By Maria Saporta
Under the leadership of Superintendent Meria Carstarphen, the Atlanta Public Schools has experienced tremendous – and verifiable – gains over the past five years.
For example, the graduation rate has jumped 20.8 percent – from 59 percent in 2014 to 80 percent in 2018. That is only one of several benchmarks one can point to showing genuine progress during Carstarphen’s tenure. SAT and ACT scores also are up systemwide
But, for reasons hard to explain, Carstarphen’s future in Atlanta is up in the air.
Insiders say a vote of the Atlanta Board of Education’s current eight members could go either way.
In June 2018, the board voted 6-3 to extend Carstarphen’s contract by one year – until June 30. 2020. In the very near future, the board is expected to decide whether to renew Carstarphen’s contract or to part ways with the superintendent, who has been highly sought-after nationally. Some board members have expressed concern that if they renew her contract, she might leave to take another job.
But Carstarphen, a native of Selma, Ala. (where her mother still lives), insists she really wants to stay in Atlanta for personal and professional reasons.
”I want to stay in Atlanta,” Carstarphen said without hesitation. “I’m proud to be the superintendent for Atlanta Public Schools! I am committed to our kids, our parents and our community. APS has made great progress in the last five years, but we still have a long way to go.”
Key community leaders are standing behind Carstarphen – hoping the APS board will vote to keep her in Atlanta.
“I think Meria is doing a extraordinary job on behalf of every student and family in Atlanta,” said Ann Cramer, a civic leader who chaired the search for Carstarphen in 2014. “I would be very, very sad to see her leave. She’s terrific. The work is not done.”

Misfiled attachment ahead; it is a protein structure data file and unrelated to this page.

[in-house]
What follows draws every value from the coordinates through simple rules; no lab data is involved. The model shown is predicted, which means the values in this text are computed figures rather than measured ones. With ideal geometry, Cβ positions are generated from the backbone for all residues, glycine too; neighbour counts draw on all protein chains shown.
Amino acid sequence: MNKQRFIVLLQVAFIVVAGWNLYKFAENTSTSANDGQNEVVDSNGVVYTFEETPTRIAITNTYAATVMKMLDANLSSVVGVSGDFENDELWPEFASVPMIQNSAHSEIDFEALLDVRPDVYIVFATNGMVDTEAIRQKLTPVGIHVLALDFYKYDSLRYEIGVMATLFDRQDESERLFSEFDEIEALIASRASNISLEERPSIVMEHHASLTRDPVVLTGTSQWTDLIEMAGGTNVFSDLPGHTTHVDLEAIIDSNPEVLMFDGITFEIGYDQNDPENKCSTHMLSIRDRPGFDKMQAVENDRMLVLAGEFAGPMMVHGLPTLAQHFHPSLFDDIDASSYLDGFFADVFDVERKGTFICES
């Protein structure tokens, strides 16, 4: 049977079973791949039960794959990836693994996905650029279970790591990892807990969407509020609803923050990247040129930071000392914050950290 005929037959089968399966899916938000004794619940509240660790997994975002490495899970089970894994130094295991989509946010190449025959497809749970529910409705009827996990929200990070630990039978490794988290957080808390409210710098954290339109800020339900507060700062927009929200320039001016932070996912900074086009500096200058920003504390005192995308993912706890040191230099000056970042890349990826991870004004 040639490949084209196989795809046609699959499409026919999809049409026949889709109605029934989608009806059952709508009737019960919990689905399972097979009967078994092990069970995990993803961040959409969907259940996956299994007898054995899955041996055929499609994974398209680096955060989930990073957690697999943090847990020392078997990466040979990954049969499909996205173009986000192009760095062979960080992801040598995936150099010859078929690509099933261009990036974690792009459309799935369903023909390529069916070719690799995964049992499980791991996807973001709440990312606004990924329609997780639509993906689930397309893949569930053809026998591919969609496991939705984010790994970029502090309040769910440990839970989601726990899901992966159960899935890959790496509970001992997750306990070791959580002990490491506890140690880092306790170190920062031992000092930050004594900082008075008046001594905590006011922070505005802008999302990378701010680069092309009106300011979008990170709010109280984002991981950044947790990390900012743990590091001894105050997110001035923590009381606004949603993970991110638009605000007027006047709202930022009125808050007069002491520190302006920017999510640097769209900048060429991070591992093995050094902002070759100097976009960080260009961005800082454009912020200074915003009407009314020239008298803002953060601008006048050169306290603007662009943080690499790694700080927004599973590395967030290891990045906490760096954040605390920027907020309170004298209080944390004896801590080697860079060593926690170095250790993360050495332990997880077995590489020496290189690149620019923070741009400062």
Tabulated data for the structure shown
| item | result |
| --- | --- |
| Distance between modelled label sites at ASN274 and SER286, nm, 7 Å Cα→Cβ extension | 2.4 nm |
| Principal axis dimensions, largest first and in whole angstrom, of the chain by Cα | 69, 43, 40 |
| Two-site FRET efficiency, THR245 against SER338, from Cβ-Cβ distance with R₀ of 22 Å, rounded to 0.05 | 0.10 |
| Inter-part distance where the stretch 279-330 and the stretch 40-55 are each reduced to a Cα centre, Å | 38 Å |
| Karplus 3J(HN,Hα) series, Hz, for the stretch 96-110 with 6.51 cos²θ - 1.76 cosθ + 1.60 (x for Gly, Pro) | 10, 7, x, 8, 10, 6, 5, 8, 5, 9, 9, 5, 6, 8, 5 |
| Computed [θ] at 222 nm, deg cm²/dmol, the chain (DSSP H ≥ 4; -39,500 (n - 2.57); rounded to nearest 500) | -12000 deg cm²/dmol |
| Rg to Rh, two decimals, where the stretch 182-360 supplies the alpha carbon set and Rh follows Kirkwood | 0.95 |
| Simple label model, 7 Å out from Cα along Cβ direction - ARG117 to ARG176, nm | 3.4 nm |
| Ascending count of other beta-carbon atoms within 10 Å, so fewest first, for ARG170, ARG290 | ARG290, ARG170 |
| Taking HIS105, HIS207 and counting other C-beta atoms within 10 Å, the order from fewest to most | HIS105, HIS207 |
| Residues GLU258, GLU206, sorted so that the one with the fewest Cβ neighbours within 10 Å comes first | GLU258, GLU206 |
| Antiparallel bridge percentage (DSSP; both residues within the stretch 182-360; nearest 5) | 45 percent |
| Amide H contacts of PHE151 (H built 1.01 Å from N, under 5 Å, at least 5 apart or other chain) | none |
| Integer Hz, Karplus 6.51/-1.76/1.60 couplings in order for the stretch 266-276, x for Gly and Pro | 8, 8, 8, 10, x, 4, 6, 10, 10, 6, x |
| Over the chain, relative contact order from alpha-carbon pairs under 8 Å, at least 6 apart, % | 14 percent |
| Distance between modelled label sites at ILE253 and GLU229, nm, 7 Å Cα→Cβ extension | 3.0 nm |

Stephanie Blank, a philanthropist focused on early childhood education, agreed.
“Righting a ship as large as the Atlanta Public Schools takes time and continuity,” said Blank, who invited the superintendent to speak to the Rotary Club of Atlanta on Aug. 5. “Having worked with Dr. Carstarphen since she got here, I’ve found there’s no question about her commitment to do the right thing for Atlanta’s children. I know she’s making a difference.”
Carstarphen is the first person to spotlight the weaknesses in Atlanta’s public schools.
During her talk at Rotary, she talked about the inequities that exist. About 75 percent of APS students live in poverty, and three of the poorest schools in the entire state are in Atlanta – Boyd Elementary, Thomasville Heights and Fain Elementary.
“According to the most current census data, the median household income within our school district is $167,087 for white students and $23,803 for black students,” she said. “Closely associated with this inequity gap is the academic achievement gap…. White students are nearly 4.5 grade levels ahead of their black peers within Atlanta Public Schools.”
Turning around an urban public school district is one of the hardest jobs that exists in America today.
The average tenure for an urban superintendent in high poverty areas tends to be relatively short. With five years under her belt, Carstarphen is now the second longest-serving superintendent in the metro area.
(The longest-serving superintendent is J. Alvin Wilbanks of Gwinnett’s public schools, who has been in his post since 1996. It is not a coincidence that Gwinnett is one of the best public school systems in the state – thanks largely to Wilbanks’ leadership and ability to implement his initiatives).